# Shadow in the PR calculation

## Recommended Posts

Hello,

Could you please inform me if my assumption about how different shading is taken into account within the expected energy balance and PR calculations?

Shadow from one row of solar panels on the next row(s) has its effect on the expected generated PV energy and so more shadow from panels on other panels leads to a lower expected PR?

Next, Shadow from obstacles (buildings, vegetation, other (roof) installations) has its effect on the Global radiation at the solar module and so more shadow from obstacles leads to a higher PR?

If my assumptions are correct, could you please explain me why the different kind of shadow has a different effect on the numbers?

Frederik

##### Share on other sites

Hi Fritz,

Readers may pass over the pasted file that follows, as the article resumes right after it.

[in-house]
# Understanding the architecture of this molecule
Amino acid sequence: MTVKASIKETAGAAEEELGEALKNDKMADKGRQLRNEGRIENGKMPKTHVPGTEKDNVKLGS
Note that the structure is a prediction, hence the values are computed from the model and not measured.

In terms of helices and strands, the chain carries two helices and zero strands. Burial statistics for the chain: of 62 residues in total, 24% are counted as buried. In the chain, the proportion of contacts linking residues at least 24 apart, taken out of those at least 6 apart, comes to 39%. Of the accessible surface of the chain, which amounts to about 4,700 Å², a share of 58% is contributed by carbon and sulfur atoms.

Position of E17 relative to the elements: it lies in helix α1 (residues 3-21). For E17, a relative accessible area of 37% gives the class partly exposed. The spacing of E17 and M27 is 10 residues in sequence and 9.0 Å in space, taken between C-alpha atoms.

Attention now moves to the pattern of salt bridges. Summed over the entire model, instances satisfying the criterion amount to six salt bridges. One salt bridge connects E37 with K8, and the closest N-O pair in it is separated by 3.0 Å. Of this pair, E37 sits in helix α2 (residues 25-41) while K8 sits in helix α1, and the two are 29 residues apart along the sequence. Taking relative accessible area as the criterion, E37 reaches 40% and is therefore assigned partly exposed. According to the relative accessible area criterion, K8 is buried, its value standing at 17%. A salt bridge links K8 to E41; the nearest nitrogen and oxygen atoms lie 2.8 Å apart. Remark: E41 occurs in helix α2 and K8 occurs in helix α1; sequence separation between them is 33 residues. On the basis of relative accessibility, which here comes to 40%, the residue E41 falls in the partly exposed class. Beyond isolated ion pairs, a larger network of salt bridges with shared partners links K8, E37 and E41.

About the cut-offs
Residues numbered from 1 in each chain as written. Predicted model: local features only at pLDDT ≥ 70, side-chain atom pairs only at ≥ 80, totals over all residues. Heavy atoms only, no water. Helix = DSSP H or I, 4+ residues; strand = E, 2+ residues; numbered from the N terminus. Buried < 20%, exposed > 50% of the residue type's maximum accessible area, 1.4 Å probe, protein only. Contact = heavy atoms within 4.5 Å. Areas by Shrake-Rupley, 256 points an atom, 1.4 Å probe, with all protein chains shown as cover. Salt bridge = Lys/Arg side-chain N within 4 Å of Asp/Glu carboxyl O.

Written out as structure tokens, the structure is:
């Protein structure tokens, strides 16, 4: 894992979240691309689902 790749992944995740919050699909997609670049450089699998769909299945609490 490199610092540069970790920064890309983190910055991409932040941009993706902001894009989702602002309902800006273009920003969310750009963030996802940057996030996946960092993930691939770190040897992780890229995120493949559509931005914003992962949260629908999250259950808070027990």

the performance ratio is calculated as the ratio of the total energy yield to the theoretically possible energy yield. That is, we take the energy output in kWh, E_total, and divide it by G * A * eta, where G is the irradiation on the module surface, A is the surface area of the plant and eta is the STC efficiency of the modules.

So, to answer your question, what exactly is G, the irradiation on the module surface? I will copy an energy balance here in order to illustrate the different shading and reflection items:

We calculate the reflection onto the module surface as the "Global Radiation at the Module" minus the "Reflection on the Module Interface", since this is influenced by the module properties. So the PR in this case would be